Every parent wants the best for their child. From the time they first hold their newborn in their hands - and often even before that - most parents spend a great deal of time dreaming about the major milestones in their child's life. To fulfil these dreams and goals, though, parents need a comprehensive financial plan that states not only what you should do but also what you should not do. That way, you can avoid the costly mistakes that many parents often inadvertently make.
Here are 7 mistakes that you need to avoid.
1. Delaying your investments
Needless to say, this is one mistake that a vast majority of parents are guilty of. Many people put off investing for their child's future and only think about it when their child attains school-going age. That's a delay of around 5 years, which is precious time lost not only for your investments to start accumulating but for interest to compound as well.
For instance, say you want to invest KES 1 million for your child’s future and give him when he turns 18. Here’s how much your child will get with a rate of 10%.
Age of the child when you begin investing
Number of years left for your child to turn 18 years of age
Expected rate of return
What your child will end up with
From this, you see that your chid will end up with less money but thinking of starting at 10 years old is not something that will bother many parents since they think the child is still young. However, comparing starting at 10 and starting at birth is a difference of a staggering KES 1 million.
1. Not accounting for inflation
Inflation refers to the perpetual rise in the cost of living over time. In other words, the purchasing power of money reduces with time. This is a very significant factor for your child’s investments since they are very young and require a lot of time until they can access these investments.
Firstly, this means doom not only for household income but child-specific expenses such as education. Future costs of education could be much higher than the present costs. For instance, the total costs of attending the MBA programs in the top 25 business schools are on the rise. So, as a parent, you need to account for this in investing in your child's future. Otherwise, you may not have enough to enroll your child in the best education institution.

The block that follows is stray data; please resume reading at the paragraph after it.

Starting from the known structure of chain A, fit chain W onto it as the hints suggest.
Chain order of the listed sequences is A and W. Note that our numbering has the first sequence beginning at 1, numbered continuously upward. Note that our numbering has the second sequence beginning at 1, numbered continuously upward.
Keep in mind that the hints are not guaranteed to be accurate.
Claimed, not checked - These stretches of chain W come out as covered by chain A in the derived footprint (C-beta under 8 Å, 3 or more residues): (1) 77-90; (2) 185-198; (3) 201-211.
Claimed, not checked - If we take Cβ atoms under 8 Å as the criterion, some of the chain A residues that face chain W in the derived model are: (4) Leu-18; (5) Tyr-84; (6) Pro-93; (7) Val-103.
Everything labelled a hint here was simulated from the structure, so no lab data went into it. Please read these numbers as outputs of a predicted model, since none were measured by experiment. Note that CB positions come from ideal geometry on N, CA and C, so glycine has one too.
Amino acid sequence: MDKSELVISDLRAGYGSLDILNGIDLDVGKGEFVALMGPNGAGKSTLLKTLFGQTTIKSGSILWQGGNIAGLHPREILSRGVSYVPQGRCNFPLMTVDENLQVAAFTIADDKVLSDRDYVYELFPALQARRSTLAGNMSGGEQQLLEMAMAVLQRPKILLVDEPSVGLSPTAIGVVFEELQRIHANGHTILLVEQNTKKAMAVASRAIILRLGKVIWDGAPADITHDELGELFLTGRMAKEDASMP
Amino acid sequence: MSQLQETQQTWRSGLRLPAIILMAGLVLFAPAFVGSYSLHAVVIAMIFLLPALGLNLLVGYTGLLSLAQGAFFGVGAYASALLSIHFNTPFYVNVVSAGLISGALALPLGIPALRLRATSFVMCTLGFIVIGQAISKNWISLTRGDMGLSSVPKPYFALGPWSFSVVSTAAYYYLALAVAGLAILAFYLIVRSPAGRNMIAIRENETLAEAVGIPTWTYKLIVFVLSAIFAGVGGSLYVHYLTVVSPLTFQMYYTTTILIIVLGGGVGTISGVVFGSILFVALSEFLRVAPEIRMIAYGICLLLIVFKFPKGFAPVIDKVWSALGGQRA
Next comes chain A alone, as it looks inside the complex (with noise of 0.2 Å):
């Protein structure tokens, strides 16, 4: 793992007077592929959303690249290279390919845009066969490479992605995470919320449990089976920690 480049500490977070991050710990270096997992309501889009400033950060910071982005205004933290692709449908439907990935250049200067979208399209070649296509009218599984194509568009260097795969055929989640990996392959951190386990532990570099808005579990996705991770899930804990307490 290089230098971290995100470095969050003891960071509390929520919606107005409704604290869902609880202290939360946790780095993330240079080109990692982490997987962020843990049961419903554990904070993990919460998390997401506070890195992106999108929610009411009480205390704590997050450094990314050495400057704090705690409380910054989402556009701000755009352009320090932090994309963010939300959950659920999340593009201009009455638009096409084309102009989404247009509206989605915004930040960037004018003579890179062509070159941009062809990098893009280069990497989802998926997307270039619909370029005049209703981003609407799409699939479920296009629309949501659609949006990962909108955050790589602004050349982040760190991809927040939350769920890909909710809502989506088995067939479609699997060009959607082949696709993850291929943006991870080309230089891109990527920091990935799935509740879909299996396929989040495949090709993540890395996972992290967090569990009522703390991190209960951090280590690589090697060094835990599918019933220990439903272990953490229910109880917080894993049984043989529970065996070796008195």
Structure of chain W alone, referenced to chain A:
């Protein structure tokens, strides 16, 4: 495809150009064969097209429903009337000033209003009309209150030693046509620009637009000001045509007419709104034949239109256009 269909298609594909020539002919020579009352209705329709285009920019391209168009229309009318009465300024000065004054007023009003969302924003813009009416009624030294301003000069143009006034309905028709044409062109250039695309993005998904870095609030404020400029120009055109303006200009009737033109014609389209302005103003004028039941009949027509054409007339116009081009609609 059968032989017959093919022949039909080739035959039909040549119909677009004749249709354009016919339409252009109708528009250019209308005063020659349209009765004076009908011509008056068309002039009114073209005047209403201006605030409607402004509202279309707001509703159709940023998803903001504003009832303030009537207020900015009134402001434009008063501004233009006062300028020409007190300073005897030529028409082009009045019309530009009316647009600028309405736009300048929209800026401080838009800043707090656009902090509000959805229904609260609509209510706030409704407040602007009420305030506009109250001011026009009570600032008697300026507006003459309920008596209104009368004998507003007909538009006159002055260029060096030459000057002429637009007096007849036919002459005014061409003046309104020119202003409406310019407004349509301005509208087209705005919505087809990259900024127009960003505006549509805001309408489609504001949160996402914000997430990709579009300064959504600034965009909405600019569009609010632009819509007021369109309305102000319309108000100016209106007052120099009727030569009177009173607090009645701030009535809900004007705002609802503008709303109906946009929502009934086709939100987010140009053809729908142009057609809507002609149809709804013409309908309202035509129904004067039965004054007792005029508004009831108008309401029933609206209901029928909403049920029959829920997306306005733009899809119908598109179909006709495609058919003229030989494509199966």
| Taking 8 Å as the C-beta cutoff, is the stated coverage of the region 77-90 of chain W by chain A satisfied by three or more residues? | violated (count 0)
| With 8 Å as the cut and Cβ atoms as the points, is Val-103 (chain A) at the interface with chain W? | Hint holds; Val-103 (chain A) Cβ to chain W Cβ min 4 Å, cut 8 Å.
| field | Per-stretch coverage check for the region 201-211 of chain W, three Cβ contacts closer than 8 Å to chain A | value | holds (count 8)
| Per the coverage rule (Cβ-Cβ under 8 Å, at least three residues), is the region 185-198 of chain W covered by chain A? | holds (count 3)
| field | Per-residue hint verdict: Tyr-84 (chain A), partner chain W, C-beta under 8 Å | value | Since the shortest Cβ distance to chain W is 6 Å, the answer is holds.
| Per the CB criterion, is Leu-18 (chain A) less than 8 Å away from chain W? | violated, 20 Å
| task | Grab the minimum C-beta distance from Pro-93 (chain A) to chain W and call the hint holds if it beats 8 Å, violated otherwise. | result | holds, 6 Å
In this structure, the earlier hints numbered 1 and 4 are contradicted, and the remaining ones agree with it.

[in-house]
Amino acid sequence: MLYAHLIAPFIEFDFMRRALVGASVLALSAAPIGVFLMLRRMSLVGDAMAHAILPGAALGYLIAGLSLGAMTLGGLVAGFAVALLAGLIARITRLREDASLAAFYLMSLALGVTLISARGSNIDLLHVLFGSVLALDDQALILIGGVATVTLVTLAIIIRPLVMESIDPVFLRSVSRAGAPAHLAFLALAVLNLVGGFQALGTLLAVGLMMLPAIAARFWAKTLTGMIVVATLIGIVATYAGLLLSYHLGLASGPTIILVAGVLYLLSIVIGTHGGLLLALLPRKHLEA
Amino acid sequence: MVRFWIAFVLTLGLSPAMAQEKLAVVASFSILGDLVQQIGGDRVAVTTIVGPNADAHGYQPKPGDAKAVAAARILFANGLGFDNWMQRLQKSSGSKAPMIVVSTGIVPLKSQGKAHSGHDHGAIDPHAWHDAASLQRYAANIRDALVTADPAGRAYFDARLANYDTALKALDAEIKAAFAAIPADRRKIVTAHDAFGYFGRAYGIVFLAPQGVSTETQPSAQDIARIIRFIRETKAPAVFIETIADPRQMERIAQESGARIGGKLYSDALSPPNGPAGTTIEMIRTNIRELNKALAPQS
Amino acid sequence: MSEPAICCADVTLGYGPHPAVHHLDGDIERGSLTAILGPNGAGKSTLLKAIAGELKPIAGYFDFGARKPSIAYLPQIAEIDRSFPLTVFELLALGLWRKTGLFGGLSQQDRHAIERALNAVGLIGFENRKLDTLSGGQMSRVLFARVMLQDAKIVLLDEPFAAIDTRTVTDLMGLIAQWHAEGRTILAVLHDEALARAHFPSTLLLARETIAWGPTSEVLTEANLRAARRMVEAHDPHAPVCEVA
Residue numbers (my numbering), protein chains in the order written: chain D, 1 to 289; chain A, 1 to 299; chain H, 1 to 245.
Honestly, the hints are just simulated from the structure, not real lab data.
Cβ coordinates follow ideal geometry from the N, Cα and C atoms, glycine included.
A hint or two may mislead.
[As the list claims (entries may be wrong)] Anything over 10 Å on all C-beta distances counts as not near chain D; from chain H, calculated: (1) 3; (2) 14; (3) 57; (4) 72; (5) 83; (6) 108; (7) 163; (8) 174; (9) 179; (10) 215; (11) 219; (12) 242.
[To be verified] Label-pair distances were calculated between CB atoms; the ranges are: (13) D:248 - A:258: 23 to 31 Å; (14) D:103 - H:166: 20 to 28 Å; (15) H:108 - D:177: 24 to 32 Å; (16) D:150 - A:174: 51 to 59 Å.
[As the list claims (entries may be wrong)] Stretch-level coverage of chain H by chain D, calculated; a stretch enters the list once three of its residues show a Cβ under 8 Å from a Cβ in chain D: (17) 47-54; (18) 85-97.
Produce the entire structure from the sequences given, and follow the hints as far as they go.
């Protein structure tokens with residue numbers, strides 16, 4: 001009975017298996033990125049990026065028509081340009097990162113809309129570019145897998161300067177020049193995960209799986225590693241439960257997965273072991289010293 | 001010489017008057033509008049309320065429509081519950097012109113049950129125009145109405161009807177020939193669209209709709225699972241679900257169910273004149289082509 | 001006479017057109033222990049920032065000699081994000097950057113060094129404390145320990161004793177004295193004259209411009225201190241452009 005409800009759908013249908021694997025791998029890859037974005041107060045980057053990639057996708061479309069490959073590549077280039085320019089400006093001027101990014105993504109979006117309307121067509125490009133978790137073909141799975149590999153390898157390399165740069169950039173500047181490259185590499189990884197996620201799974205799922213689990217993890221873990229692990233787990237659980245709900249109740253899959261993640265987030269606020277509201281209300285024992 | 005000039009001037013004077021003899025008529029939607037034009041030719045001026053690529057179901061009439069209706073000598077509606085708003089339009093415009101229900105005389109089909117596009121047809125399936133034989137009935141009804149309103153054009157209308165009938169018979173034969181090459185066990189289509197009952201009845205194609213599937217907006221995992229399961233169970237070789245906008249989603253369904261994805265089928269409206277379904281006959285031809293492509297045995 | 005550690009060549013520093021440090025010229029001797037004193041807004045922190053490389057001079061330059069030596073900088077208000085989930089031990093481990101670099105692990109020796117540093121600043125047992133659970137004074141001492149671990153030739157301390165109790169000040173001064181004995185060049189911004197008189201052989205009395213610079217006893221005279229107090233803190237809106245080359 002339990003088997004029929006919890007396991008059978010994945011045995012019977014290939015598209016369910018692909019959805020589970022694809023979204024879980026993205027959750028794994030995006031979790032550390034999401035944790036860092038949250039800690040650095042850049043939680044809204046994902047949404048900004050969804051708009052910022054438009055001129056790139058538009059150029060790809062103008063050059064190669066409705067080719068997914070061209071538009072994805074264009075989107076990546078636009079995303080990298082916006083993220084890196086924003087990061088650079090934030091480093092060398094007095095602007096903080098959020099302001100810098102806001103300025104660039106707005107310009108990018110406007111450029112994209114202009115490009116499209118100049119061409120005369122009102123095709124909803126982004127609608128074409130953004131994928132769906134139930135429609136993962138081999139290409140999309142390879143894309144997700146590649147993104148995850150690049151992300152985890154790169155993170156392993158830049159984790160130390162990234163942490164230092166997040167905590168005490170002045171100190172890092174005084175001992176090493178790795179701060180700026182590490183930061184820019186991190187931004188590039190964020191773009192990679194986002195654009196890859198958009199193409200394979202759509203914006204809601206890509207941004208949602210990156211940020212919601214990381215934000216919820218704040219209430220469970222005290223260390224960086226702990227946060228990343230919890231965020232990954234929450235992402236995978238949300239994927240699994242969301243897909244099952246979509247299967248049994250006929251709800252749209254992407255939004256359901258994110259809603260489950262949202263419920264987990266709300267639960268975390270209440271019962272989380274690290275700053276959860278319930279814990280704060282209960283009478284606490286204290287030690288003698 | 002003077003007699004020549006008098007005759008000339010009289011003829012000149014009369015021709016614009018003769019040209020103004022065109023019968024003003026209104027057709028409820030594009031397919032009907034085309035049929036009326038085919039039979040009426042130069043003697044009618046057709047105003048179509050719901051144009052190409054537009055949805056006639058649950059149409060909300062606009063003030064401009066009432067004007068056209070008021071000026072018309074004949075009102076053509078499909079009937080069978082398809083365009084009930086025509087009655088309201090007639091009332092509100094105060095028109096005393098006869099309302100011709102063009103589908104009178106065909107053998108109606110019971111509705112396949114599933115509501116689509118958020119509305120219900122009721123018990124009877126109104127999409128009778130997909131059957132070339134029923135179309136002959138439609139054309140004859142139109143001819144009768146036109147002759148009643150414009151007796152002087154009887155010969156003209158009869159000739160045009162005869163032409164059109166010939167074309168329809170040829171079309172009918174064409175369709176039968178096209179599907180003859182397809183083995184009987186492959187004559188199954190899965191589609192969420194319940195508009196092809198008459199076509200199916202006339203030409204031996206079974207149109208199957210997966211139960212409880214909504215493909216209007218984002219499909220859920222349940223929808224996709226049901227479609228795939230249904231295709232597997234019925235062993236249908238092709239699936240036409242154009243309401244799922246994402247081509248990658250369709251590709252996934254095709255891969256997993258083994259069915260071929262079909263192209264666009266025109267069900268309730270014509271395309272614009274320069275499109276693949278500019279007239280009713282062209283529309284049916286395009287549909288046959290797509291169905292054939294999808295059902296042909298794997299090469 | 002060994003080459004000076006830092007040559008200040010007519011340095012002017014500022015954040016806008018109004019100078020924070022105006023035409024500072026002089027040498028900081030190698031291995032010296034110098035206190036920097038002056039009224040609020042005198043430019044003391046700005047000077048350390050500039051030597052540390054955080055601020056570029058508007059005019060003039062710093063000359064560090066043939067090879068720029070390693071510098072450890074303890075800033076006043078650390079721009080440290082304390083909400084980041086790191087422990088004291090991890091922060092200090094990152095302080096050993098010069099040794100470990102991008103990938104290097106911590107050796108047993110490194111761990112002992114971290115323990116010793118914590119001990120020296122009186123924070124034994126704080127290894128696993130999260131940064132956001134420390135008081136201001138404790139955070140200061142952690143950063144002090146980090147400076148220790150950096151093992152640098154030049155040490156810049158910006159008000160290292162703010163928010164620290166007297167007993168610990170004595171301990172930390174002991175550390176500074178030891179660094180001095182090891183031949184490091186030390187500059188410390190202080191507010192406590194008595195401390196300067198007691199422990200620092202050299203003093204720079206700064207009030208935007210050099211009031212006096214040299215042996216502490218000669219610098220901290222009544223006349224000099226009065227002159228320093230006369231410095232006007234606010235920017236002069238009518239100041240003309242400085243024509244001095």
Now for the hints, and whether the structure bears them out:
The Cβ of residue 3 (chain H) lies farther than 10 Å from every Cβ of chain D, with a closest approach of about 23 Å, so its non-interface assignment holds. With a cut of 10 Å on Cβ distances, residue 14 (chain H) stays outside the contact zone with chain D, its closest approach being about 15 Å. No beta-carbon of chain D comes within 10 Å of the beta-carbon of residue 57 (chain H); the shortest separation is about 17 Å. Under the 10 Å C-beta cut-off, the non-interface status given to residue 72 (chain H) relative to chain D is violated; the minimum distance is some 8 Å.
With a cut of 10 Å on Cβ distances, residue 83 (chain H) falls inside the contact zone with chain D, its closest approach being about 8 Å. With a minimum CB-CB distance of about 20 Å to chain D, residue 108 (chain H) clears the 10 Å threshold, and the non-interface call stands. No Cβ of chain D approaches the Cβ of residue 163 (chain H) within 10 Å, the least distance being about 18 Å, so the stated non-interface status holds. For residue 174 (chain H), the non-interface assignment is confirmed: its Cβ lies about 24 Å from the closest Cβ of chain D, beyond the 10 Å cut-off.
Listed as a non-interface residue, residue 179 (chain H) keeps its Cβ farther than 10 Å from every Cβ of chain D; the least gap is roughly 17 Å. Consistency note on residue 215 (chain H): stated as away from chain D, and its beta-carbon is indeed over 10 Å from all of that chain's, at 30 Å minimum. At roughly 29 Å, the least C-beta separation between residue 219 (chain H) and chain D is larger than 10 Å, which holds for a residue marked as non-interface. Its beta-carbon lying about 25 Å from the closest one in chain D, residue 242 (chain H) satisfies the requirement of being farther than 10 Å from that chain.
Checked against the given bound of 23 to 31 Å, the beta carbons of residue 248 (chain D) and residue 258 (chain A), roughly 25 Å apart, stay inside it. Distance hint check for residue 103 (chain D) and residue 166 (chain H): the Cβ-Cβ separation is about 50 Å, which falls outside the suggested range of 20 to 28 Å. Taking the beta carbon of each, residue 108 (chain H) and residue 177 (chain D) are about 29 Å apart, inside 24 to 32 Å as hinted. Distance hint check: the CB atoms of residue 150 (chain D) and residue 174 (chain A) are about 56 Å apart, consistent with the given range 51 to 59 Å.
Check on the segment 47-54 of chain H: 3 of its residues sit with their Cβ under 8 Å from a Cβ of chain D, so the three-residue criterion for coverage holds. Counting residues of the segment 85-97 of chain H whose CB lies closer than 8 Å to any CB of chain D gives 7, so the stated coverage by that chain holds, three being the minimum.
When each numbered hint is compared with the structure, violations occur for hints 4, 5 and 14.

For those of you with sons, how will you raise dowry?
2. Overestimating your investment returns
While inflation makes the cost of goods and services rise with time, you also need to account for possible reductions in your investment returns. Take the case of good old fixed deposits, for instance. Where many banks used to offer interest rates as high as 12% per annum earlier, the average FD rate has now fallen to about 7%. The best performing ones may reach 8.3%.
It's important to account for this kind of a dip in the returns when you plan for your child's future.
3. Failing to align your investments with your goals
Investing without any specific goal can be catastrophic for your future plans. As a parent, it always helps to identify the future goals in your child's life, estimate the amount needed for those goals, and work backward to figure out how much you should invest today.
Another common mistake that many people make is choosing short-term investments for long-term goals, and vice versa. The smart thing to do would be to select investments with short-term horizons for the near-term goals in your child's life, taking them on a vacation next year. For the major goals due later in life, like getting into university or planning their wedding, you can choose long-term investments.
4. Overlooking the importance of life insurance
Investments help you plan for the known, while insurance prepares you for the unknown. Unfortunately, many parents shy away from purchasing an insurance plan maybe because they have other investments in place.
What people don’t want to consider is the possibility of their own death before the child is old enough to care for themselves; they often overlook that in case of their unexpected demise, a life insurance plan offers unparalleled financial protection for their child, ensuring that their life goals are on track. So, ensure that you include life insurance in your portfolio.
5. Relying solely on 'safe' investments
If you're a conservative investor, you will naturally lean towards fixed income products and other safe investments that offer guaranteed returns. But investing solely in debt and fixed income options can be a costly mistake, because these products rarely offer inflation-beating returns. Fixed deposit accounts may offer about 7.5% interest while inflation is over 8%. This does not help your portfolio at all.
Spreading out your investment funds across different asset classes can help you avoid an erosion of your portfolio by inflation. When your child is still young, you have time on your side. So, you can afford to invest in high-risk, inflation-beating assets like equity and real estate. You can migrate to safer assets later, when your child grows up a little more.
6. Not reviewing your investment plan
Even if you get all of the above areas right, overlooking the importance of reviewing your plan can cost you dearly. You need to revisit your investment plan every year or so and ensure that your investments are performing as planned.
If the basis for the initial asset allocation has changed, review it and rebalance your portfolio as needed. This way, you can make sure that you are on track to meet your child's future milestones without any delays or downgrades.
Creating a financial plan for your child's future may be challenging initially. However, with a few small areas covered, like goal-setting, asset allocation and periodic portfolio reviews, you can sail through the years and watch your investments grow just as you had planned. And then, when the time comes to fulfil your child's big dreams, everything will work out just right!